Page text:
10 Tips For Writing An Effective Budget

In these troubling times, it’s important to make sure you keep track of every penny that you spend. One effective way of controlling what you need to buy and how you spend your money is by creating a personalized budget. Many people have trouble drawing up an adequate budget that fits their income, but these 10 tips are the cornerstone of drawing a budget out that will help you save money in the long run.

1. Know Where Your Money Goes

It is impossible to build and stay within a budget if you don’t know where your money goes. With detailed debit card and credit card statements, you can quickly analyze most of your expenditures. List company names; note an explanation for the expenditure. Get into the habit of saving all of your receipts and jotting down any pertinent information. This new habit will give you a clear view of your current spending state of affairs, and it will help you keep track of how your budget is functioning.

2. Analyze Your Spending Habits

Purchase a financial software program such as “Quicken.” The program will help you analyze your spending habits. If your impulsive buying is getting out of hand, you will need to understand what causes those purchases so that you will won’t cave into temptations. Do not be misled by sales and promotions. If something is on sale that you need, the sale is beneficial to you. Unfortunately, most sales convince you to buy stuff that you don’t need or food that you ordinarily don’t eat. Marketing and advertising ploys are so sophisticated that it’s easy to be led into emptying your wallet. Understanding the difference between “wants” and “needs” will help you pare down unnecessary purchases. A “need” is a necessity such as rent, whereas a “want” is something you desire for added comfort or entertainment such as a movie or new jewelry.

3. Organize Your Bills

Gather up all of your bills. Put them in spending categories, and list their due dates. If you have trouble remembering when to pay recurring bills, set up a bill-pay system with your financial software or your bank. Be sure to arrange your bills to arrive several days before they are due to avoid additional charges and fees.

4. Spending Categories

Develop your own categories for spending and saving. By organizing all of your spending and bills into categories, you can quickly view and plan your budget. If you are using financial software, be sure to customize the categories to suit your lifestyle. For example, if you have no children, you won’t need the “childcare” category. If you have a dog, add a pet care category instead. You can be as broad or specific as you like. It is easy to adjust your spending. You should adjust monthly spending allowances in specified categories when you need to cut back on expenses. Be realistic and flexible. Don’t forget to add a category for a savings account. You must have a balanced budget so that expenses never exceed income.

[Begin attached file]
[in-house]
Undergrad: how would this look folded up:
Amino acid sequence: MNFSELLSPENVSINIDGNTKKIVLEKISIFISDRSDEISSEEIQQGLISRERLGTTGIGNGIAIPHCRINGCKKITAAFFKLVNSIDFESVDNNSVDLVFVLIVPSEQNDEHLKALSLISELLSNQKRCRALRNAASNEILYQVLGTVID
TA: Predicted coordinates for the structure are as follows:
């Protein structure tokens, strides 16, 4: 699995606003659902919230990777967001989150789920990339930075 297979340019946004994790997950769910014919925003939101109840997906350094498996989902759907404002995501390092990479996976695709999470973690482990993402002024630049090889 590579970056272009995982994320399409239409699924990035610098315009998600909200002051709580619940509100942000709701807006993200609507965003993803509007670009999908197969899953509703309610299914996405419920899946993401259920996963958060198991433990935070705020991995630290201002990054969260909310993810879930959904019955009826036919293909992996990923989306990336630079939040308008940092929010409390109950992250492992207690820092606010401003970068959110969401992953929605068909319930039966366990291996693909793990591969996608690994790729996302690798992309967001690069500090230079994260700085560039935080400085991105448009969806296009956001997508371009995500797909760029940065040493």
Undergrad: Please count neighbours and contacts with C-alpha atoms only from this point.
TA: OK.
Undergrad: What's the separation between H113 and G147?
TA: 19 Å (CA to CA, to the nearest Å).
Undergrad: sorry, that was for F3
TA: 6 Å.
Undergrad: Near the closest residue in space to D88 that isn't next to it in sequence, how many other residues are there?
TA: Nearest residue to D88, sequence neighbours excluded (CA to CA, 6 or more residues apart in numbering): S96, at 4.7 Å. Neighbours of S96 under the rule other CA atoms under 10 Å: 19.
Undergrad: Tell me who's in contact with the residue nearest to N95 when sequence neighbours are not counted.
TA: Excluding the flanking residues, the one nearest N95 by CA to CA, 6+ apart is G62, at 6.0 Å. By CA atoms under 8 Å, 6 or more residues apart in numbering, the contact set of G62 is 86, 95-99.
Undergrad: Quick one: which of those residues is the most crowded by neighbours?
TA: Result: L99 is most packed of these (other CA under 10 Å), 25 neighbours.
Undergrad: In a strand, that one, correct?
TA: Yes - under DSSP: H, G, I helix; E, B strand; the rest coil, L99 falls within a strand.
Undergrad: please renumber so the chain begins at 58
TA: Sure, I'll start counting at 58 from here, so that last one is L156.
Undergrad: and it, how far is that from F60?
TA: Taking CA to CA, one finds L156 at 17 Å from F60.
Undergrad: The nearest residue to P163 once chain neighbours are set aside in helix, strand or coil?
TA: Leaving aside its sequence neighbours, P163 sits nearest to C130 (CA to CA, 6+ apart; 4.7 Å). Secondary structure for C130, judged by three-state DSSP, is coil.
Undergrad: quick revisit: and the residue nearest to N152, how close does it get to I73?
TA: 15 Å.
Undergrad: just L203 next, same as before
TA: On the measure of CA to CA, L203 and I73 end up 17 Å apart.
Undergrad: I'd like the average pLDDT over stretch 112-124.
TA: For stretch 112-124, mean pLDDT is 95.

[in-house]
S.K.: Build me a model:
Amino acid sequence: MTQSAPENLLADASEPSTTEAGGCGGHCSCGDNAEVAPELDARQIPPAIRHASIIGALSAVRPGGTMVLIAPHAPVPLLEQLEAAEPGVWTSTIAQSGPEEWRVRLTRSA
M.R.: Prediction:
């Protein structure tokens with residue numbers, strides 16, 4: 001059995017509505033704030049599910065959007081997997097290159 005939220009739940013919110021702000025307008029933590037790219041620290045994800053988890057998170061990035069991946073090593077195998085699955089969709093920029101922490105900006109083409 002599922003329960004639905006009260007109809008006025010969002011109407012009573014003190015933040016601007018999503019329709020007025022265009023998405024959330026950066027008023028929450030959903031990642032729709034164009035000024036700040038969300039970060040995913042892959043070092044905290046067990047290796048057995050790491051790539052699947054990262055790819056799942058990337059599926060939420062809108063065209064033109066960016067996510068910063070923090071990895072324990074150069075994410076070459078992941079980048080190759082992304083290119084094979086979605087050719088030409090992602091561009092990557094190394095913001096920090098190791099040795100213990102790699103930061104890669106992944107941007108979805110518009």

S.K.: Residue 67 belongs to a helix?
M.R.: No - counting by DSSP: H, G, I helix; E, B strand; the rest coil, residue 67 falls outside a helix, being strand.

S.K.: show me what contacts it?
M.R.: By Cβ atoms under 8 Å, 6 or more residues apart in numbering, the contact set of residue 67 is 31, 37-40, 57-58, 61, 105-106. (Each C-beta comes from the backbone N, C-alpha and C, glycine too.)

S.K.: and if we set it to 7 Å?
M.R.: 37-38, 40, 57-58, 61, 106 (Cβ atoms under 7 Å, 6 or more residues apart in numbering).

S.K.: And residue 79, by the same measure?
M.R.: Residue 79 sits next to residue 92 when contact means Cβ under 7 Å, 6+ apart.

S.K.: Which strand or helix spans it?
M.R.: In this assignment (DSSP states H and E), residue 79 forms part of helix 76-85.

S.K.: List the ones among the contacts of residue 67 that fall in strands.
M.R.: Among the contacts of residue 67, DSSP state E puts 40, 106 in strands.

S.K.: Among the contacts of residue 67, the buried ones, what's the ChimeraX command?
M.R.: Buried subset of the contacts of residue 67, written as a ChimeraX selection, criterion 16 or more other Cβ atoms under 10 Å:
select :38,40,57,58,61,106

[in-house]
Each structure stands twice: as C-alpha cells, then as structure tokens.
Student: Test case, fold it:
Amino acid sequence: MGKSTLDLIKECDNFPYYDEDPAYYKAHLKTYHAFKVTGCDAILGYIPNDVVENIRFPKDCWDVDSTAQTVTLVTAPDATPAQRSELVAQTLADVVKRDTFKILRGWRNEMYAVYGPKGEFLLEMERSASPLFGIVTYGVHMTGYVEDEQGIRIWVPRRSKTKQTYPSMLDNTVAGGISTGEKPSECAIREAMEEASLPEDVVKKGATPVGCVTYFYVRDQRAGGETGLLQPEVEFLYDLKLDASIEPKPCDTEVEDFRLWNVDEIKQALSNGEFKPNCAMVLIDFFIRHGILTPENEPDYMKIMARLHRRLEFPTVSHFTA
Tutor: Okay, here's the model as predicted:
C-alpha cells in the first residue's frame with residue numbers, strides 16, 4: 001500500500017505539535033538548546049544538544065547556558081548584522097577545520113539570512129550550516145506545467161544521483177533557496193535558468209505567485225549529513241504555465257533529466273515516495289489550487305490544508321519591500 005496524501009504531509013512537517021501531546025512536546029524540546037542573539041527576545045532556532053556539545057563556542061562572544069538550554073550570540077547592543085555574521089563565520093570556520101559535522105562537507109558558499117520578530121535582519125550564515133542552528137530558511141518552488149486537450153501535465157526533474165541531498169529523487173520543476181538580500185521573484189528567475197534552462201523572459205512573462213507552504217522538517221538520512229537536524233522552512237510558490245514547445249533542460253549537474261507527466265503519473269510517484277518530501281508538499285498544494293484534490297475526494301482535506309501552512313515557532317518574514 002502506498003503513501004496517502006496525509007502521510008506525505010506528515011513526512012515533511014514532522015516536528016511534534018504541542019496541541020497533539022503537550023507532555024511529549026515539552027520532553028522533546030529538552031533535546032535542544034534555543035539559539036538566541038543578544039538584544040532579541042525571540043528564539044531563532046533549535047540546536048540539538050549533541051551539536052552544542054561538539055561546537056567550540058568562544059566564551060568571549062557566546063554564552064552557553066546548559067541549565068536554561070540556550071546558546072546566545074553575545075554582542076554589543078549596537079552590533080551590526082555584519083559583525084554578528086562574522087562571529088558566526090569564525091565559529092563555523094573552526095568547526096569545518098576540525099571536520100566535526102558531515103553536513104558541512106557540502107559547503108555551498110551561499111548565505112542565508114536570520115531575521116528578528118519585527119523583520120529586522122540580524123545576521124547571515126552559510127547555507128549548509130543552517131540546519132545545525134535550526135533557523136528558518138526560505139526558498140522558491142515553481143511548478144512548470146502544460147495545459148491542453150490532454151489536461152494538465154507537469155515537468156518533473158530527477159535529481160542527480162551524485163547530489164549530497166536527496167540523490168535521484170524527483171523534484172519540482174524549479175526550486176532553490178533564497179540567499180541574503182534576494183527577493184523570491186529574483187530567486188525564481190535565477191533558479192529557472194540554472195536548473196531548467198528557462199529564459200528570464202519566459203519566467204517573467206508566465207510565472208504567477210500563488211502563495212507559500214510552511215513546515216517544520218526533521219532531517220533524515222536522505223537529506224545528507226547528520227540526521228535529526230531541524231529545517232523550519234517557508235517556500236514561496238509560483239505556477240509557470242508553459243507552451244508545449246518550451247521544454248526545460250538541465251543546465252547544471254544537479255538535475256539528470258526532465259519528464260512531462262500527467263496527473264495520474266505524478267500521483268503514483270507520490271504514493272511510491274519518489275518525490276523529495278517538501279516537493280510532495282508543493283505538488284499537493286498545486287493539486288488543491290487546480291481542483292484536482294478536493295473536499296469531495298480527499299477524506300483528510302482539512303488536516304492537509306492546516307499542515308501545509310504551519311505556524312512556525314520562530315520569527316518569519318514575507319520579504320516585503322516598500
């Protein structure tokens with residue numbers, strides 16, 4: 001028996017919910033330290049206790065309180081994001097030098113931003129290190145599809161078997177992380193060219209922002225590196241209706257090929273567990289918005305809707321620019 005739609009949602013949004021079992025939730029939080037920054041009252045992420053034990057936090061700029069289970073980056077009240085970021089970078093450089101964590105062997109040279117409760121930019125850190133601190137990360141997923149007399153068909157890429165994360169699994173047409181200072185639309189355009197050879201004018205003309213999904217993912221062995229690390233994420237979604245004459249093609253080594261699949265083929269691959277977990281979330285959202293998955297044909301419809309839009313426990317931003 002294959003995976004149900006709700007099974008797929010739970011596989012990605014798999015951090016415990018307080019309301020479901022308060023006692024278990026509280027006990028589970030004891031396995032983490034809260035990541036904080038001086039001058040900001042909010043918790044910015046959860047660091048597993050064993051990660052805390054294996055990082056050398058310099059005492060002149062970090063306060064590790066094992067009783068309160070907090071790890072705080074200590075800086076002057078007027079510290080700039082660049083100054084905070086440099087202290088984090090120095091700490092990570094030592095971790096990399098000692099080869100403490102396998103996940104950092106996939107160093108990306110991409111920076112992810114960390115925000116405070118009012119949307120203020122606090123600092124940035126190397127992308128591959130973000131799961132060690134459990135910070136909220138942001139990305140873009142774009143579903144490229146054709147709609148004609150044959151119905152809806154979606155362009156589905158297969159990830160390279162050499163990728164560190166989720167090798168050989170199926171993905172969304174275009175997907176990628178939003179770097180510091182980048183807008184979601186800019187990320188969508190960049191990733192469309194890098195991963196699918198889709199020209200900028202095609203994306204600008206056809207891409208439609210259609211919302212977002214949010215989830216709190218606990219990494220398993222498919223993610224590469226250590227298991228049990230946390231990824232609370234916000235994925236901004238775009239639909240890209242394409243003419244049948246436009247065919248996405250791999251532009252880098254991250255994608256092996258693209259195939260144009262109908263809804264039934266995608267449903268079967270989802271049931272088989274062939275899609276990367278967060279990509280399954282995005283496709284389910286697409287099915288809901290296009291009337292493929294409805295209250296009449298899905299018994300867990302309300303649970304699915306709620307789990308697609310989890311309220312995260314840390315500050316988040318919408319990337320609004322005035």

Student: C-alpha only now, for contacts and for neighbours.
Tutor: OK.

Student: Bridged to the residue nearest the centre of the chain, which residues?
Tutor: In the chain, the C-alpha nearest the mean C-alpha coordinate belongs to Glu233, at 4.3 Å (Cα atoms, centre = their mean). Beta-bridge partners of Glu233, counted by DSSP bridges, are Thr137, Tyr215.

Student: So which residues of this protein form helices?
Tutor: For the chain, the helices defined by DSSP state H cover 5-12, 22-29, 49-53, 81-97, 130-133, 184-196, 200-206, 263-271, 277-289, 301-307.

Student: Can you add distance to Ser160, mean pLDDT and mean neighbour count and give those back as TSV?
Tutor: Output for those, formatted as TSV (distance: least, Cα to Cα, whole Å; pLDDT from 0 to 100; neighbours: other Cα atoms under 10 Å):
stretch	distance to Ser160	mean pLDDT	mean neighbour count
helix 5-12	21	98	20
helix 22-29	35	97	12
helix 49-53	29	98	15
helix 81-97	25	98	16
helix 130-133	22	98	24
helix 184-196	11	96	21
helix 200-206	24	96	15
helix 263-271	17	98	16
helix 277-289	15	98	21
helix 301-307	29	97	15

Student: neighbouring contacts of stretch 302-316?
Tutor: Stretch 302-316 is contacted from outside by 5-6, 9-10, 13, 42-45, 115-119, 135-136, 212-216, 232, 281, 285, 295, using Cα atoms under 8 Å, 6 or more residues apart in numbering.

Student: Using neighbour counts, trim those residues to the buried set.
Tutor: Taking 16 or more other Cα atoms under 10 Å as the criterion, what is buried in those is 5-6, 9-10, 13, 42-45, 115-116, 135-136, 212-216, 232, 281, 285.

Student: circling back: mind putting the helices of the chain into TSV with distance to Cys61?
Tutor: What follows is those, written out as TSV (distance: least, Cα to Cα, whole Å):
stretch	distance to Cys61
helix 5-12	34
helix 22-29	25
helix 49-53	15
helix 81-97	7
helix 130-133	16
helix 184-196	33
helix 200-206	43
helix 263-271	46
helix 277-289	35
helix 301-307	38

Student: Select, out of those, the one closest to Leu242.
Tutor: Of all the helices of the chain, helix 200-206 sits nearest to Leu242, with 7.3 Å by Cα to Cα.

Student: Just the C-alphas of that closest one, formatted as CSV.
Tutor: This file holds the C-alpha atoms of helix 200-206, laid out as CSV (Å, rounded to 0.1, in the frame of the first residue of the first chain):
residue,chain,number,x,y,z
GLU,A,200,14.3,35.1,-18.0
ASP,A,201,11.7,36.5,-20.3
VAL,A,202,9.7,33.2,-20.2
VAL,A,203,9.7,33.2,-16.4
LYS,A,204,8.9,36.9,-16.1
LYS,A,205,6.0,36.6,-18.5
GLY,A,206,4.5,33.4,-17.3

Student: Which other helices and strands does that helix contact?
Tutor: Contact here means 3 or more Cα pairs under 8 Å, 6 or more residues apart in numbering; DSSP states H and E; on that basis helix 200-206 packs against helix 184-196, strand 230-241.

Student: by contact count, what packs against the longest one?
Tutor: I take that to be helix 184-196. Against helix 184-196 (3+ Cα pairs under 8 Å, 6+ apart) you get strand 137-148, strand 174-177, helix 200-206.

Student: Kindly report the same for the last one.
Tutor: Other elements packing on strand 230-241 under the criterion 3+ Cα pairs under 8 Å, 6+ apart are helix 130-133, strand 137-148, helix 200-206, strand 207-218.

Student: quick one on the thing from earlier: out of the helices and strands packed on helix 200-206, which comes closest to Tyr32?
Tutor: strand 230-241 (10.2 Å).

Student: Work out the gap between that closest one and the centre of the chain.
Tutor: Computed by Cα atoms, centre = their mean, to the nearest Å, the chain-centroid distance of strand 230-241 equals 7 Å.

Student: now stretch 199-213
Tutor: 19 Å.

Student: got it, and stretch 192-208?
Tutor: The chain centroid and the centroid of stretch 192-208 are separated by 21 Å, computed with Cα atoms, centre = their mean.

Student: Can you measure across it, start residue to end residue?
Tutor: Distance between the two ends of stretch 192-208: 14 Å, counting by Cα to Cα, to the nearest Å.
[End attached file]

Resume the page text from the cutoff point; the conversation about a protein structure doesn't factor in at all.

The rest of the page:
5. Seasonal Expenses

Seasonal activities and gift giving during the holidays ruins many budget plans. Set a cap on these expenses, and you will survive the holiday pressure. Be especially wary of marketing ploys during the holiday season that draw on emotional appeal. Remember, giving a gift doesn’t mean breaking the budget. Plan your festivities and celebration expenses as a category. Be sure to save some money throughout the year to enjoy those special events.

6. Pay Yourself

The cornerstone of a workable budget is to pay yourself first. Set money aside every pay period into a savings account. Life is uncertain. Having a chunk of money set aside will give you peace of mind, and bail you out of unexpected situations such as a job loss or a health emergency. Set extra money aside for something you would like to save for such as that new car or home. You must be steadfast to increase your savings. Don’t be tempted to dip into it.

7. Variable Expenses

Variable expenses such as a yearly bill or event that happens periodically needs to be placed into your budget. These bills or expenses are easy to overlook. Quarterly bills such as insurance or annual property tax are easy to forget when planning you budget. The account may look flush, but that money is spoken for by those expenses.

8. Savings Goals

Always have a plan for your money. If you are saving for something special, it will help you stay focused on a goal. It is much easier to cut back on spending if you have a reason and a payoff down the road.

9. A Living Budget

Make your budget a living budget. It is OK to rearrange your spending as time goes by. A rigid, inflexible budget is bound to fail because our lives and situations are constantly changing. If you blow the budget, it’s time to rearrange it to make it livable.

10. Reward Yourself

Reward yourself when you hang tough and stick with your budget. A proper budget should not be a painful process; however, a little reward is always something fun to anticipate.